But every record they made in the 90s is really good (with the caveat that I haven't heard Zaireeka) - it's just goofy, melodic pop with cool guitar noises.

Edited by TheTrout, 05 March 2007 - 08:09 PM.


#12 Greg P

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Posted 05 March 2007 - 10:26 PM

I think the key to appreciating the Lips is in understanding that behind the flipped-out, 80's punk/underground music influences is a serious prog rock band wanting to write a song as good as Yours is No Disgrace. The tension between these two identities is what makes them unique, although sometimes I confess that i wish Coyne would return to the more conventional writing approach of Soft Bulletin. The gorgeous first half of that album is to my ears, one of the best three pieces of 90's music.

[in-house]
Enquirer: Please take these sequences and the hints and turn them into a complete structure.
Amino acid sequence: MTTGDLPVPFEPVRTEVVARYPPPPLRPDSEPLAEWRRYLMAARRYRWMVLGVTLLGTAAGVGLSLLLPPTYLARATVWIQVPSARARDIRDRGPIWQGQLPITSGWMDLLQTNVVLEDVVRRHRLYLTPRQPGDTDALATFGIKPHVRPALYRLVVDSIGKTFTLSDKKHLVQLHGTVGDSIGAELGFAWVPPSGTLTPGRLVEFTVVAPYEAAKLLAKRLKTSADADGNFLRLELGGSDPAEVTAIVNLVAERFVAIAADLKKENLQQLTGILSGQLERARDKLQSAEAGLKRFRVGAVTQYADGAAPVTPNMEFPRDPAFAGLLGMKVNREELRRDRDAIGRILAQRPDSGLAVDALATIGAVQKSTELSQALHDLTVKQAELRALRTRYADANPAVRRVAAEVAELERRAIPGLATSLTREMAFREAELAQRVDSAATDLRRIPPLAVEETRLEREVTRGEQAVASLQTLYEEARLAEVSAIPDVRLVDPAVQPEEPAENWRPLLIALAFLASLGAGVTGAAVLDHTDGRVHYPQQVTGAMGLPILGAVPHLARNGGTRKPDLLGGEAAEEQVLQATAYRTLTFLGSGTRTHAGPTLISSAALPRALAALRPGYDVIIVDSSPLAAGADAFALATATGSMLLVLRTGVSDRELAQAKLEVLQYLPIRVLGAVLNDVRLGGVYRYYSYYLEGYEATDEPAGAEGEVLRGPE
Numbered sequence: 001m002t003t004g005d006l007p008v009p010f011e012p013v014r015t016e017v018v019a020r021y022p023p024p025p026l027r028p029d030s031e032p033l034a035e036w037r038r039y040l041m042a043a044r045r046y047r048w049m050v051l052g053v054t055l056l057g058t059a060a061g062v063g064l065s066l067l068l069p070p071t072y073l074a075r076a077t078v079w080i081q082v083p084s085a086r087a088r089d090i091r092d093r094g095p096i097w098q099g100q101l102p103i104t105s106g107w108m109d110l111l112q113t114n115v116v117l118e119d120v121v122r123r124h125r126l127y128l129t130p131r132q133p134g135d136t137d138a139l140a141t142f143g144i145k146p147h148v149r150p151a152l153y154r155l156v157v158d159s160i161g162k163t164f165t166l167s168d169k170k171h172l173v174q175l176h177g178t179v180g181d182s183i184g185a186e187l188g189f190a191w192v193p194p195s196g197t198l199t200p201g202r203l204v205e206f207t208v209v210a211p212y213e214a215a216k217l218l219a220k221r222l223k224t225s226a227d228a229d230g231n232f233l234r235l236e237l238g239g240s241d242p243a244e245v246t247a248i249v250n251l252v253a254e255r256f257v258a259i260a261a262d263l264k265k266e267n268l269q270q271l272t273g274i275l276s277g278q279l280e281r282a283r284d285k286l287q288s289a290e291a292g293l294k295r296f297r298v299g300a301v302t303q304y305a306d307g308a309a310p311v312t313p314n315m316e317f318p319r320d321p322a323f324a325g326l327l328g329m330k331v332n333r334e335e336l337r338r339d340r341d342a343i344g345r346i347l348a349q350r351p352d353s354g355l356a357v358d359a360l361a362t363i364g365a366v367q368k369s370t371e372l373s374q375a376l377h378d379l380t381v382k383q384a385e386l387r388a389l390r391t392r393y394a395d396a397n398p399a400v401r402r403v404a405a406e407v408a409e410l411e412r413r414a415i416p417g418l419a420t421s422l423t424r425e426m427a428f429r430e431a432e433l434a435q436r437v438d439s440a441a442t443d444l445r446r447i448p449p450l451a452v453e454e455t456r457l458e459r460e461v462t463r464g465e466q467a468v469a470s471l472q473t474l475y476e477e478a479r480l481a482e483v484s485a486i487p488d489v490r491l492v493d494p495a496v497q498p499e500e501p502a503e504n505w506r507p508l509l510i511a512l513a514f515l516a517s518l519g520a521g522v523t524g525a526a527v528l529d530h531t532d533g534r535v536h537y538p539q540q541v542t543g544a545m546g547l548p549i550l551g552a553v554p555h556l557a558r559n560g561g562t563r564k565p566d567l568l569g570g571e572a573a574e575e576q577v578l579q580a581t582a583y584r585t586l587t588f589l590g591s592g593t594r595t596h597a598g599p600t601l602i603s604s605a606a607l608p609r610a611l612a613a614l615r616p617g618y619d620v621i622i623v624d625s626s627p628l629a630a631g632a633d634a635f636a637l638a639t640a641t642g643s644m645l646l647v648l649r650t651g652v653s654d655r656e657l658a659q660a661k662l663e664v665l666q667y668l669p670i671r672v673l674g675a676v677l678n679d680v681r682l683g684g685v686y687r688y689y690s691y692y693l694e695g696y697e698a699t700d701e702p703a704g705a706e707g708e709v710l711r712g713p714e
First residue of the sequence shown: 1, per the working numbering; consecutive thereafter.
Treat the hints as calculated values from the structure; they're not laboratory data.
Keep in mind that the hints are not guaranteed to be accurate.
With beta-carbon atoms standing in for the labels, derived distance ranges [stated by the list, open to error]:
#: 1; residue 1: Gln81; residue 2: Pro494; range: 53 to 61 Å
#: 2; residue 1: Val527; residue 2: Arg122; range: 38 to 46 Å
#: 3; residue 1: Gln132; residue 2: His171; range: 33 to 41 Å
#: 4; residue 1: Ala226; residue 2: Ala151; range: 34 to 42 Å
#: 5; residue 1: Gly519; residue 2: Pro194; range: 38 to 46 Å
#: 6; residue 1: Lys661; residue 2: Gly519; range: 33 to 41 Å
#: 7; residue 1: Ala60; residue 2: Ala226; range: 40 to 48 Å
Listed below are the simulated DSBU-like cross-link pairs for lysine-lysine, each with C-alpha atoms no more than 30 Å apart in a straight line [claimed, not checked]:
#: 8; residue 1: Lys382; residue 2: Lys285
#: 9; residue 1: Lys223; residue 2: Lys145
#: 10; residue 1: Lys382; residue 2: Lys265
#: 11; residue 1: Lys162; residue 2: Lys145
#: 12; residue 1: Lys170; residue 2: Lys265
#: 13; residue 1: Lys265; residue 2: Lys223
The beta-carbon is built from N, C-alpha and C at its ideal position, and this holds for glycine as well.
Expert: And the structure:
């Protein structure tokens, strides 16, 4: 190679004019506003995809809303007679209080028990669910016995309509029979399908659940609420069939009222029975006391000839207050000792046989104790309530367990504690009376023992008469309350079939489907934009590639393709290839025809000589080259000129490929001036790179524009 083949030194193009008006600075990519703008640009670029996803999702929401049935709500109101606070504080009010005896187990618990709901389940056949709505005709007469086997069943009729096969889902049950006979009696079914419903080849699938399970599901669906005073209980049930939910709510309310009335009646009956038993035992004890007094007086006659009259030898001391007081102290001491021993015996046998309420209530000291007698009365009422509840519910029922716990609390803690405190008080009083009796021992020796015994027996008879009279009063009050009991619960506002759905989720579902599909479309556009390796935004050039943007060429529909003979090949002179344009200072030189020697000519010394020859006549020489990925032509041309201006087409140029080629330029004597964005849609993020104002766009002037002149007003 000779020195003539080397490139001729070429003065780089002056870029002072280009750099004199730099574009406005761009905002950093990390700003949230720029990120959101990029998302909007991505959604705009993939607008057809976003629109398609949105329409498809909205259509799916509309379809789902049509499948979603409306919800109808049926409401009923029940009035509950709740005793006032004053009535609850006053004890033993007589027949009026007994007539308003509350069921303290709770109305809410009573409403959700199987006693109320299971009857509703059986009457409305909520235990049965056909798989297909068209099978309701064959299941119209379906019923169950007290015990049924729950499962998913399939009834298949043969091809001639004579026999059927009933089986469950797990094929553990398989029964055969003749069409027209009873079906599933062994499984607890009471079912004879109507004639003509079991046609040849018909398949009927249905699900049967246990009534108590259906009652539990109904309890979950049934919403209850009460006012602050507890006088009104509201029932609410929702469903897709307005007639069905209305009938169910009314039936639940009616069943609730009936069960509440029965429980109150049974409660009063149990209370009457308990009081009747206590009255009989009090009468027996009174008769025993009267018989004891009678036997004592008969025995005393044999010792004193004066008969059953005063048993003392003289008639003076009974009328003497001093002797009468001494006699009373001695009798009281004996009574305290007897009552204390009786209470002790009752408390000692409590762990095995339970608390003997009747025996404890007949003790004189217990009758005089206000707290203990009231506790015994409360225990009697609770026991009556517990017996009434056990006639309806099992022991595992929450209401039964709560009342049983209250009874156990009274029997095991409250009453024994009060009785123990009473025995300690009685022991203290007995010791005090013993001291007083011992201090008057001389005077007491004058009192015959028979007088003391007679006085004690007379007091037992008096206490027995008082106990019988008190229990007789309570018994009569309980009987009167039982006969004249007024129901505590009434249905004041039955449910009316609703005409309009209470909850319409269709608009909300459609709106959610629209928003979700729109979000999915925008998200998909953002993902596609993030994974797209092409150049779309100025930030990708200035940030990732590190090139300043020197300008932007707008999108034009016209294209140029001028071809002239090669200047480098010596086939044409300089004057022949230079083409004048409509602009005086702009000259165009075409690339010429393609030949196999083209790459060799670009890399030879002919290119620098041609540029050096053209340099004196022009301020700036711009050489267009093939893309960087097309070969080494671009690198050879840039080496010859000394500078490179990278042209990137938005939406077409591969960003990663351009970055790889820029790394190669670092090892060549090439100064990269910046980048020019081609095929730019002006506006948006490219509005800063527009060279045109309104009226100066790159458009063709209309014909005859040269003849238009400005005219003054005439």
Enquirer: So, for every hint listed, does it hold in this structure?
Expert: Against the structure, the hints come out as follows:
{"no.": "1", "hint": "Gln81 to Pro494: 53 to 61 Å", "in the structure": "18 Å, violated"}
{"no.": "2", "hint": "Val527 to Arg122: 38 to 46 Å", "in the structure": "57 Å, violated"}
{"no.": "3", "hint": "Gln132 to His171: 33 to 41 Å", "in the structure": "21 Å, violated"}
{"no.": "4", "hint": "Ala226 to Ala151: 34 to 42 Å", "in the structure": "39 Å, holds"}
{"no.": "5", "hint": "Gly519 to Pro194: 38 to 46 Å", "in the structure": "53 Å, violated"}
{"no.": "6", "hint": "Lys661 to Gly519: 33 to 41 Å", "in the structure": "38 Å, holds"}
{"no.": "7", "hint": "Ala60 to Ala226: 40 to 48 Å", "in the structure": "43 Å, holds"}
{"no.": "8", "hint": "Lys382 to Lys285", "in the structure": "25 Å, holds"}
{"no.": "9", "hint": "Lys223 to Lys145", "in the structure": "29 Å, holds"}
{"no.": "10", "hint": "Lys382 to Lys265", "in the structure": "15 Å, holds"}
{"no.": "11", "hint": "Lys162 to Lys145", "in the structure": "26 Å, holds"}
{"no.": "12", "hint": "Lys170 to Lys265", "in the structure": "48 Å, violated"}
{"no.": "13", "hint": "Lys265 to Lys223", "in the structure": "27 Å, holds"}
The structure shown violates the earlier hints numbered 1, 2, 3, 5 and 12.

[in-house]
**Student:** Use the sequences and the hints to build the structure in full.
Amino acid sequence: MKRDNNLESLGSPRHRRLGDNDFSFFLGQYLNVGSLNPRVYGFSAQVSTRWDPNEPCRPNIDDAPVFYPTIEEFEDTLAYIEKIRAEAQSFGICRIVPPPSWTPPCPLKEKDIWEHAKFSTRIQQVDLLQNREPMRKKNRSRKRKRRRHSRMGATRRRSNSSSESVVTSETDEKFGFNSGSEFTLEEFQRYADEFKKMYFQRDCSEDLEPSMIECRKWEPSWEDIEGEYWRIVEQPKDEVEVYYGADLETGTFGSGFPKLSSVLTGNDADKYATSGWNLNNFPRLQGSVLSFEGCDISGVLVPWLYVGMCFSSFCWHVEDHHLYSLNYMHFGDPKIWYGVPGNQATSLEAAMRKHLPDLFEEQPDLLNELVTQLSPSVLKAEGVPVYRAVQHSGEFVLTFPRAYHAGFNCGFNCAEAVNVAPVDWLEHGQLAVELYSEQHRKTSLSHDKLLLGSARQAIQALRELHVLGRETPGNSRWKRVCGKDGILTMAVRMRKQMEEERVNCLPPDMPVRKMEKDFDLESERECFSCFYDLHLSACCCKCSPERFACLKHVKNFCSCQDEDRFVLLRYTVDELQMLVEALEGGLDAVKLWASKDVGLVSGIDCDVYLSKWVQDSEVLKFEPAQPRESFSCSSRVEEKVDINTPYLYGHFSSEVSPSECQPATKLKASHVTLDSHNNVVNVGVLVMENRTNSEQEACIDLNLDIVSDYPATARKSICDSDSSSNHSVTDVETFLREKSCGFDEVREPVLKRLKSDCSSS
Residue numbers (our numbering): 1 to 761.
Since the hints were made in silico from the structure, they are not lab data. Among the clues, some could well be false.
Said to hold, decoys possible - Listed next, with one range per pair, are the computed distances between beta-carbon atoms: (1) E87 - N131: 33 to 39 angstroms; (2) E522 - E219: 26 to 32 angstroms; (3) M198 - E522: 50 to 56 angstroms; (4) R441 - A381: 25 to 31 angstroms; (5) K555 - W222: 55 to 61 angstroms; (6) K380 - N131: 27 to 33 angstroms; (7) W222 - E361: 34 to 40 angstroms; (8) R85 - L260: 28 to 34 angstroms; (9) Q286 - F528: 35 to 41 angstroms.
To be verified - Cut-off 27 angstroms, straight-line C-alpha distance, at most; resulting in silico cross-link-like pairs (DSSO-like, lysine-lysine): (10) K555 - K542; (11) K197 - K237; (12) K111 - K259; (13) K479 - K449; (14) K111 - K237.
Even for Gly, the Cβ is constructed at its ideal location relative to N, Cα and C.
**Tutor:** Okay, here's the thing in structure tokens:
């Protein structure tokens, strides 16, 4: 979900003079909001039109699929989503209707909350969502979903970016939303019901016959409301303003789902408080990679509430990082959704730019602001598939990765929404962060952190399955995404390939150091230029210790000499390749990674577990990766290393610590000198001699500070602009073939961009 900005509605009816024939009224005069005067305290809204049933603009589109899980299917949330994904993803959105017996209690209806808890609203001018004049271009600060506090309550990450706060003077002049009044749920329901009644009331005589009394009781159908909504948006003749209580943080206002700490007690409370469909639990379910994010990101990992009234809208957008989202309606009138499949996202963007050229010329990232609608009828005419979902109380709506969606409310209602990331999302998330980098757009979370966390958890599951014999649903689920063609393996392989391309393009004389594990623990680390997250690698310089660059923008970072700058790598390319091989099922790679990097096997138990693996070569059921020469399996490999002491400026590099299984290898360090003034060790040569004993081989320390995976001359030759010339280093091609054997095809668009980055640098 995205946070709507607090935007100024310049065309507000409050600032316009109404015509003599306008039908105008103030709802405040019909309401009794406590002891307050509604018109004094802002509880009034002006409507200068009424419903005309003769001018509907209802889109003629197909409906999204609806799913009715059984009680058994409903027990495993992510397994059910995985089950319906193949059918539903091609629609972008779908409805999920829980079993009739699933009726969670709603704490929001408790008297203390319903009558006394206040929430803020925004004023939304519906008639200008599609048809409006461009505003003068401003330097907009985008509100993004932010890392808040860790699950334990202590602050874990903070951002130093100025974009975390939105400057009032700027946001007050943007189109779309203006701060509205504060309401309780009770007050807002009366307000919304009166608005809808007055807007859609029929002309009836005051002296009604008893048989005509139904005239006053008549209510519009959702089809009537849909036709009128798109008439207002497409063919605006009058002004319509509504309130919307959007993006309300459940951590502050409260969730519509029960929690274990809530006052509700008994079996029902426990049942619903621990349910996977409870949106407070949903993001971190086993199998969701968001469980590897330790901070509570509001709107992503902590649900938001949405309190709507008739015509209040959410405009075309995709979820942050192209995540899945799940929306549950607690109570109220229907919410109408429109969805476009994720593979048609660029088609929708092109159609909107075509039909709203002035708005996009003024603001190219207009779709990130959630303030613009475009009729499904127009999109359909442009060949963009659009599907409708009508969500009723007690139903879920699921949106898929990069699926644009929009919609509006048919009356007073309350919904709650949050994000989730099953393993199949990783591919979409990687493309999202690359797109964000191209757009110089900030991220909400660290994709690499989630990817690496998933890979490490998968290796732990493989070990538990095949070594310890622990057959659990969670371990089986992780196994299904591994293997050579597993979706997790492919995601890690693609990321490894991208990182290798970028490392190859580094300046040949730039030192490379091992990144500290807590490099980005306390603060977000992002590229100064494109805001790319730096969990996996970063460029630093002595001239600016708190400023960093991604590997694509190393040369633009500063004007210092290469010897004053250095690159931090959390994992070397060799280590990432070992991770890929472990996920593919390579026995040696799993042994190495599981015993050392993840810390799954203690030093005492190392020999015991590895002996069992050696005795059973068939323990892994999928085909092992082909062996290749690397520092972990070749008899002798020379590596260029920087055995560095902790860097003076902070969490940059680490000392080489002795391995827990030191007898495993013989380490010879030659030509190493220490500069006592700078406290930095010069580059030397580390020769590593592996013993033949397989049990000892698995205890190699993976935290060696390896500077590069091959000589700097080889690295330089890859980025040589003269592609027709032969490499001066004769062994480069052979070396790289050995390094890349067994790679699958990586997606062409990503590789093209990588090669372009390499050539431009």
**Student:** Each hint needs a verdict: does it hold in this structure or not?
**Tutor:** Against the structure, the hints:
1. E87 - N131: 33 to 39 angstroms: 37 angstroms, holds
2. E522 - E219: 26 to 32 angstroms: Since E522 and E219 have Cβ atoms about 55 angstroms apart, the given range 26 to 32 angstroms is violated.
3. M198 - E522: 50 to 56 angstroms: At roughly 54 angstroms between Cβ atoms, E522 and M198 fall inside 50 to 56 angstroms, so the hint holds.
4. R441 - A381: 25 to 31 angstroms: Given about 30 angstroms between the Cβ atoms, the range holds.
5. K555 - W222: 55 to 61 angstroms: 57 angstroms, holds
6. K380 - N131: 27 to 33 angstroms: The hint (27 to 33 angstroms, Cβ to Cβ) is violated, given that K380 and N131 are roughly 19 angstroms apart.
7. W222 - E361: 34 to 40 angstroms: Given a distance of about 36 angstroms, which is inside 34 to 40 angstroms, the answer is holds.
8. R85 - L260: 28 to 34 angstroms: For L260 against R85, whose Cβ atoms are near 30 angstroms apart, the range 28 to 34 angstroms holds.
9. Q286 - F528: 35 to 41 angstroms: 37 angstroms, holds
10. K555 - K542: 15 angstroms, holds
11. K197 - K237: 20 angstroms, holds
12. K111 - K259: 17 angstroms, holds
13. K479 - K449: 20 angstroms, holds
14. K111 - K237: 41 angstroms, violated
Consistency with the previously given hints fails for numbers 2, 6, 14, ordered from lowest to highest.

Edited by coltrane, 05 March 2007 - 10:27 PM.


#13 Greg P

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Posted 10 March 2007 - 04:13 PM

If you've ever questioned Coyne's sanity or the genuineness of those Hallmark-card-on-acid lyrics, check out this recent essay. I think there's considerable wisdom in these words.

#14 Tyler

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Posted 20 March 2012 - 11:22 AM

The Flaming Lips are releasing an all-star limited-edition album for Record Store Day. Guests include Nick Cave, Chris Martin, Yoko Ono, Ke$ha, Justin Vernon of Bon Iver, Jim James of My Morning Jacket, Edward Sharpe and the Magnetic Zeros, and Erykah Badu.

#15 Jason Panella

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Posted 08 April 2014 - 02:32 PM

Drummer Kliph Scurlock is no longer in the group. This news made me hope that someday, Steve Drozd will move back behind the kit, Wayne Coyne will pick up a guitar, and Ron Jones will come out of hiding.